Bree v Scott: 1904

(Supreme Court of Victoria) The defendant squatted from 1878 upon land allotted to her mother as Crown licensee. A Crown licensee was entitled to acquire the fee upon performance of obligations in the licence. In 1885 a Crown grant was duly issued to the mother in consideration of a payment then made. A mortgagee sought to eject the defendant. The question which arose was whether the 15-year limitation period had run its course by 1899. If the period ran from 1878 the claim was barred. If the period ran only from 1885, being the date of the grant of the legal estate through which the mortgagee claimed title, the claim was not barred.
Held: Time ran from the earlier date. The licence under the Land Act 1869 was the seed of which the subsequent grant was the fruition of title. ‘Stated generally, the policy of the [limitation legislation] was to require a person having a right to land to exercise it as against a person illegally occupying at the peril of losing the land if the illegal occupation continued undisturbed for fifteen years. Here we have an occupation such as the Statute contemplated continuing undisturbed, and when it commenced, and up to the time of the issue of the grant, a person having legal title from the Crown who could have recovered the land against the occupant … This inactive licensee and lessee afterwards acquired a legal estate in the fee, not by virtue of any new right unconnected with her prior interest, but by the maturing of a right which had its inception in the licence. No doubt, up to the issue of the grant, there was no certainty that the fee would be acquired: the right to the land was inchoate, and might have been lost, but it was in fact perfected, and we have to say whether the nature of this new title is such as to wipe out all the consequences of past inaction, and to give a new term of fifteen years within which inaction must continue before the illegal occupant could acquire title … I should say that since the Judicature Act, if not before, the mere difference between legal and equitable estates would be insufficient. Take the case of omission to proceed against an illegal occupant by a purchaser under a contract of sale … there is no reason for saying that a conveyance by the vendor … would give this new start in the owner’s favour … The changes in the legal interest of the person who might have brought the action against the defendant in the present case made no changes in her rights as against the defendant; the right to turn her out was as good in the licensee as in the grantee.’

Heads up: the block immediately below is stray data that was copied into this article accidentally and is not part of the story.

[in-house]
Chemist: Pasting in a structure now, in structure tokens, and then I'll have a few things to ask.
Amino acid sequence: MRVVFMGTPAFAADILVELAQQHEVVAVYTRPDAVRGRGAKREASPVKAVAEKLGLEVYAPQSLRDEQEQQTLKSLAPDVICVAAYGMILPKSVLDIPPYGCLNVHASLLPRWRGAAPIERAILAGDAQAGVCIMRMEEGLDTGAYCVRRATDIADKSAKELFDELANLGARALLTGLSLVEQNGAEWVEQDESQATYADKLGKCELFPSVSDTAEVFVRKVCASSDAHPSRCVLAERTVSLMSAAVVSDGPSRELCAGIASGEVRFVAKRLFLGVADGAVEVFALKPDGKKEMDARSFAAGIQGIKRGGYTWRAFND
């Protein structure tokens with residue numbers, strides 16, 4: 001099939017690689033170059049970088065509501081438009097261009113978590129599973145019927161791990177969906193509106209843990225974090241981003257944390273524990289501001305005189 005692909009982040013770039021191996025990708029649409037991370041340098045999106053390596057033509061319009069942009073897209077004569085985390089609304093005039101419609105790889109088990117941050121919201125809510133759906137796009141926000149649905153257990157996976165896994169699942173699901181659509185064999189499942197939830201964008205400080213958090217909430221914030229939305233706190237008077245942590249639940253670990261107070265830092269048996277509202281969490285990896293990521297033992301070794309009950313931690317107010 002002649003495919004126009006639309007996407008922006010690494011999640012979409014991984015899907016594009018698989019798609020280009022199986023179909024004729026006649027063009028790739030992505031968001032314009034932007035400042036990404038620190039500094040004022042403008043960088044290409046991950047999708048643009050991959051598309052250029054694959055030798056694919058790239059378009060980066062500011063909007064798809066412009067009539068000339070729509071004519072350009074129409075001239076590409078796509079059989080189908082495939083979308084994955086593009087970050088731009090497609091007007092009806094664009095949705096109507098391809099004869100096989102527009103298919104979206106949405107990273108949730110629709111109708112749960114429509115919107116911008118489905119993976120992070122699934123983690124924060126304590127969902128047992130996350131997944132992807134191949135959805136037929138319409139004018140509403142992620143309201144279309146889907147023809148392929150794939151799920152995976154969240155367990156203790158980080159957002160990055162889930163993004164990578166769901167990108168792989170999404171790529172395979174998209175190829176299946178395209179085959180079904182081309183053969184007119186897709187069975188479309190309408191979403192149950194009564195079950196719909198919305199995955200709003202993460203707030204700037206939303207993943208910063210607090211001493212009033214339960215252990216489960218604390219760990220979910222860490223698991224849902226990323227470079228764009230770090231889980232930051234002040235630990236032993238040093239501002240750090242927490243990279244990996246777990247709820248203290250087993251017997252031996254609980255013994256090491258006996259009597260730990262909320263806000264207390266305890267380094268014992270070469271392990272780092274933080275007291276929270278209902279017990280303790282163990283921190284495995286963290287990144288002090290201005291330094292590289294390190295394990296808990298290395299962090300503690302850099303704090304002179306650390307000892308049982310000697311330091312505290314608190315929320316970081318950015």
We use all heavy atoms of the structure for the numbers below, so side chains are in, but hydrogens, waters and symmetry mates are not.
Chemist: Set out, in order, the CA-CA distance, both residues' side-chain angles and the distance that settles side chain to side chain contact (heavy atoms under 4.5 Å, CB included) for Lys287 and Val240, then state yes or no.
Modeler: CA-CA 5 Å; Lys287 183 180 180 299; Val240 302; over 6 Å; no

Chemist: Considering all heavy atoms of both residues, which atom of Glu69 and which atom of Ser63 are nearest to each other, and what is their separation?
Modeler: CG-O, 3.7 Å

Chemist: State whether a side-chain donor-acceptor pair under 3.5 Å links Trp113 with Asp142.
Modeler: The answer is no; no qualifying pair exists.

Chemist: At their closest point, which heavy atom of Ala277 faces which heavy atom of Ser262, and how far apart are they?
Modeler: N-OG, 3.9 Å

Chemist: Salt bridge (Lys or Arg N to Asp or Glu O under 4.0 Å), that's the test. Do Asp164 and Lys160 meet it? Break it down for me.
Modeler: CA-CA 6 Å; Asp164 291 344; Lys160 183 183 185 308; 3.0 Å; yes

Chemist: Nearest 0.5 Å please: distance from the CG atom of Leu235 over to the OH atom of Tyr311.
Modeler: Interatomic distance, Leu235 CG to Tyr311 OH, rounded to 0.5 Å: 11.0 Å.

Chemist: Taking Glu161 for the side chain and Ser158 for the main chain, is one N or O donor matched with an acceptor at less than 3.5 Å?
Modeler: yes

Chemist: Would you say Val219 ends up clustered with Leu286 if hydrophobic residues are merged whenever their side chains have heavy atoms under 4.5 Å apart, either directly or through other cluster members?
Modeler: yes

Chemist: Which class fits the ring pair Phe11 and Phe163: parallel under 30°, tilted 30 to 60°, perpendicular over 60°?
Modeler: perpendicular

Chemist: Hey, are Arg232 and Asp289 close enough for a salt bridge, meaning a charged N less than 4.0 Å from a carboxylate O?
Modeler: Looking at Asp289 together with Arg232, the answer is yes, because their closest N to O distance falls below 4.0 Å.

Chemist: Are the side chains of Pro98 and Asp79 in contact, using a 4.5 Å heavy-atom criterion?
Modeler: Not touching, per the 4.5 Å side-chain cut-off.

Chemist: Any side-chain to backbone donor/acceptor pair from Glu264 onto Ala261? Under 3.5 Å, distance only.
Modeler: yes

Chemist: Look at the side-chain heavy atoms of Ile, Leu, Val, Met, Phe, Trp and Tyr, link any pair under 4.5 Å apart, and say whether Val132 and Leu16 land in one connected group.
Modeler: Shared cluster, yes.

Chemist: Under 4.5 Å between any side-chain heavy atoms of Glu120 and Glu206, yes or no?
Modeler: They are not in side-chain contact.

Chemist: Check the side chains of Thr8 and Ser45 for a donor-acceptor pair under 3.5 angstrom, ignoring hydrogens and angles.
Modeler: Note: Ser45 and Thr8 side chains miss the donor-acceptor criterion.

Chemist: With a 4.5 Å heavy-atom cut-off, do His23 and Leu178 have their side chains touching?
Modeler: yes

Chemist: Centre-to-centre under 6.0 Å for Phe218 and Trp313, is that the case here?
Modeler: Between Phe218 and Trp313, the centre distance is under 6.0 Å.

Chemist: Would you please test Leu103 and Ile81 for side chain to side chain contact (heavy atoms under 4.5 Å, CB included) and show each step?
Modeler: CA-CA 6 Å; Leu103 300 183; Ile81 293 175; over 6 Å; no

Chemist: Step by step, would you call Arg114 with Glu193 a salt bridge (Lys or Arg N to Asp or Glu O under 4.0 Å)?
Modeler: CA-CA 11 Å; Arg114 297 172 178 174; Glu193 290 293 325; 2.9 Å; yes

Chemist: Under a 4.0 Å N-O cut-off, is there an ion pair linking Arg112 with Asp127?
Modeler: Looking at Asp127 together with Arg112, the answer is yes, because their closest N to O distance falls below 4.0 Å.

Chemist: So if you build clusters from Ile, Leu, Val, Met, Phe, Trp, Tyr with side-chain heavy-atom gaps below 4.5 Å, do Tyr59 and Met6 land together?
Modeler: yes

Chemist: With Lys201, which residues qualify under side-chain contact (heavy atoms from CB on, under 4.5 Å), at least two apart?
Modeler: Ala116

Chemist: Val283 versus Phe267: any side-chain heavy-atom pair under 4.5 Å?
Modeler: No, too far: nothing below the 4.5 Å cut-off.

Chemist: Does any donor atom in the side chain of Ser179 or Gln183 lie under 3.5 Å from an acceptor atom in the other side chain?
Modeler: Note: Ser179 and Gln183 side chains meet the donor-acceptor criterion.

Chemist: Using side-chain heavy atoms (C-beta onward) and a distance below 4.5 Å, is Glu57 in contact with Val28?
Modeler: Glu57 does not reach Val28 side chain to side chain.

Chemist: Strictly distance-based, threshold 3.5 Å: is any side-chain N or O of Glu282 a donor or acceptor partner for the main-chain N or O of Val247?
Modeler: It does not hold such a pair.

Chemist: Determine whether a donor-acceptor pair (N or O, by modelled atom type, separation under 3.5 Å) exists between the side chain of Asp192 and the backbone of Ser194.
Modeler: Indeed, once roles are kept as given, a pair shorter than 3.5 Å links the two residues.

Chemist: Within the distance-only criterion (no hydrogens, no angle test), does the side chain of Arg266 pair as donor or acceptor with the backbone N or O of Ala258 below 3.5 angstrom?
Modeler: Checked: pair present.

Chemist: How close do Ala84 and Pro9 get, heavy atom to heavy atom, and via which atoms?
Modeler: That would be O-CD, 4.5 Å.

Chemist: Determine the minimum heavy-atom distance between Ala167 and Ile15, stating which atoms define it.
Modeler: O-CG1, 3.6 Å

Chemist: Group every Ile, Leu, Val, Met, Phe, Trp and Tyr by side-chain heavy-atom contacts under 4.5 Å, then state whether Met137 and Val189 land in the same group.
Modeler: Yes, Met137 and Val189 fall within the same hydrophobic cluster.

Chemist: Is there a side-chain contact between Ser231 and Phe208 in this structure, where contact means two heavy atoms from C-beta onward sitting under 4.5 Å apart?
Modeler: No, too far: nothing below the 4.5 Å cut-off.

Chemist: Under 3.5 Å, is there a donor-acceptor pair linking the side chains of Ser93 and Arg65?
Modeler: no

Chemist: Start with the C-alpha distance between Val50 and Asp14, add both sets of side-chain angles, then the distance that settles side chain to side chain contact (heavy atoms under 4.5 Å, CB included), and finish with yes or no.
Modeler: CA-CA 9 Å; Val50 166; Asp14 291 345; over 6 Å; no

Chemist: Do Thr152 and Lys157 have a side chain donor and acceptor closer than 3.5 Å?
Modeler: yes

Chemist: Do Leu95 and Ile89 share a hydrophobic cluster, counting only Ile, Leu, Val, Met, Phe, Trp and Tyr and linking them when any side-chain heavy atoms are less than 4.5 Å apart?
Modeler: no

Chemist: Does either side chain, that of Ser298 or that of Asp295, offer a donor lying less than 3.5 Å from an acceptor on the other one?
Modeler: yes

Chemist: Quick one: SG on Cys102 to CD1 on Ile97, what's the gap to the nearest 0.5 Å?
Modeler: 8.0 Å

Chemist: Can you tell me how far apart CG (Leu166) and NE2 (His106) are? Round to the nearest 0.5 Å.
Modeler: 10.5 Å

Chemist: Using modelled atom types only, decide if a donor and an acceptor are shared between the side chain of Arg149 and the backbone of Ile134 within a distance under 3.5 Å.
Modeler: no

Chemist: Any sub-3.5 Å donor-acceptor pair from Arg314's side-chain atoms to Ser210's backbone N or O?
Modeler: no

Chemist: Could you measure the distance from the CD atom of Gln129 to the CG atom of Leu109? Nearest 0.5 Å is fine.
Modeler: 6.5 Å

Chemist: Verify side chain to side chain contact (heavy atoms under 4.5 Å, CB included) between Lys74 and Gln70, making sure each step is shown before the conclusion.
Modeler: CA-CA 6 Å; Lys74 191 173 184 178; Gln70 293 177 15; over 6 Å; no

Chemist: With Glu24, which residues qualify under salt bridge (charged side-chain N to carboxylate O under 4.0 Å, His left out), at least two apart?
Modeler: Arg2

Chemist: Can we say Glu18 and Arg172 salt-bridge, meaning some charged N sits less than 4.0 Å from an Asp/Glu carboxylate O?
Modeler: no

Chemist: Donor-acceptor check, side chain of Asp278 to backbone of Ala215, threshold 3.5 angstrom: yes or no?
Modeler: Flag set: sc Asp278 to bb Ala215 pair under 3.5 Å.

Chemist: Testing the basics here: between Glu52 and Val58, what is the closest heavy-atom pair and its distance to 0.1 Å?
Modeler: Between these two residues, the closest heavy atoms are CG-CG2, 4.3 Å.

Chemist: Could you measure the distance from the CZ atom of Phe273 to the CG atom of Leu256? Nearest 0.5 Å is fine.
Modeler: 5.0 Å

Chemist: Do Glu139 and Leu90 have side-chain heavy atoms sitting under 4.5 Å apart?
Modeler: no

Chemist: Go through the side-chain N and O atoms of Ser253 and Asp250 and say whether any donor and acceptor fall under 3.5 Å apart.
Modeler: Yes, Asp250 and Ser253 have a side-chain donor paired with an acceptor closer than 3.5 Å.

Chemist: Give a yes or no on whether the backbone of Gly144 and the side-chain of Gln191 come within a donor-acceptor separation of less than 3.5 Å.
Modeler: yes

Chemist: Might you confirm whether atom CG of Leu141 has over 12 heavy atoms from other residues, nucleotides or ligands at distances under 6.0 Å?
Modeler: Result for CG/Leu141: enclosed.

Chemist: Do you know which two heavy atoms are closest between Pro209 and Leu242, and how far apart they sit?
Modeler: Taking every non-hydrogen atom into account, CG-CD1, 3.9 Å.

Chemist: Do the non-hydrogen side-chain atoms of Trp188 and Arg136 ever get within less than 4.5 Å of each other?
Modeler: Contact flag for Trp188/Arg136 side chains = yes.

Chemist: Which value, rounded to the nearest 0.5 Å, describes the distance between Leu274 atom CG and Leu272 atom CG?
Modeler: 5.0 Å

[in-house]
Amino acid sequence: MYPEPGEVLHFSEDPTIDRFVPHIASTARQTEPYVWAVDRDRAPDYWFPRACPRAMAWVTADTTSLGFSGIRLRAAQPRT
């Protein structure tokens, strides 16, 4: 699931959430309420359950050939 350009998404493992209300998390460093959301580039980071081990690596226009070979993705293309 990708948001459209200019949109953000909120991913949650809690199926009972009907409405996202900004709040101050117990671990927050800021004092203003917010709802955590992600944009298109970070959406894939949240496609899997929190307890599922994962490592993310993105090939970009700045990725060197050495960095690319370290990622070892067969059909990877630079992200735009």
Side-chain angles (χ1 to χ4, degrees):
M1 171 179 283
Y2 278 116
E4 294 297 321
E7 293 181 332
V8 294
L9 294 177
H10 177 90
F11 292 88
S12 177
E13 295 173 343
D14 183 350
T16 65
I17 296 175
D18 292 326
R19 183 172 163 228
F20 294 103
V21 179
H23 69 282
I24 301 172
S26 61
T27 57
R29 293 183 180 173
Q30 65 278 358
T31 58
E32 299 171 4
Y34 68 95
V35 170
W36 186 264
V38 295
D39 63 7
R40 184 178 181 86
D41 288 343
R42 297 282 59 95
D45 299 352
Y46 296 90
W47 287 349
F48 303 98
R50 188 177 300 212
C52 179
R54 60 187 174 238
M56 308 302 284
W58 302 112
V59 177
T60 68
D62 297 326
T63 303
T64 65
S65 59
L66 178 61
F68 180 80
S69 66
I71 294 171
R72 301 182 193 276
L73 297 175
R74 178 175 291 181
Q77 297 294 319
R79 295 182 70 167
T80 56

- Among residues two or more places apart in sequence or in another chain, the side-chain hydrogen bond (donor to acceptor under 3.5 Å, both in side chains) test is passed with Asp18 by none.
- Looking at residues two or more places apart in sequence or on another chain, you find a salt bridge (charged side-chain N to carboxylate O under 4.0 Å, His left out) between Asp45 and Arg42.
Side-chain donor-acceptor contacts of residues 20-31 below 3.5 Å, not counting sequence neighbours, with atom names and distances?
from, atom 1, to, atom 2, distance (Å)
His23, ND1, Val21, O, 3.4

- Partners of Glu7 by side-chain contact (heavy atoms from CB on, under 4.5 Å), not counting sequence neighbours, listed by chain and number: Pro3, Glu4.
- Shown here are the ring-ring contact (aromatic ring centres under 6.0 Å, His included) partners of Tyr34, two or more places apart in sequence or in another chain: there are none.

Beckett J, Madden C.J


(1904) 29 VLR 692


England and Wales

Cited by:

CitedChung Ping Kwan and others v Lam Island Development Company Limited PC 8-Jul-1996
(Hong Kong) Various provisions had been made for the termination of long leases in Hong Kong. Land had come to be occupied by adverse possession. At first instance the judge had given judgment against the squatters, but then retracted after a later . .
Lists of cited by and citing cases may be incomplete.

Commonwealth, Landlord and Tenant, Limitation

Updated: 03 July 2022; Ref: scu.194082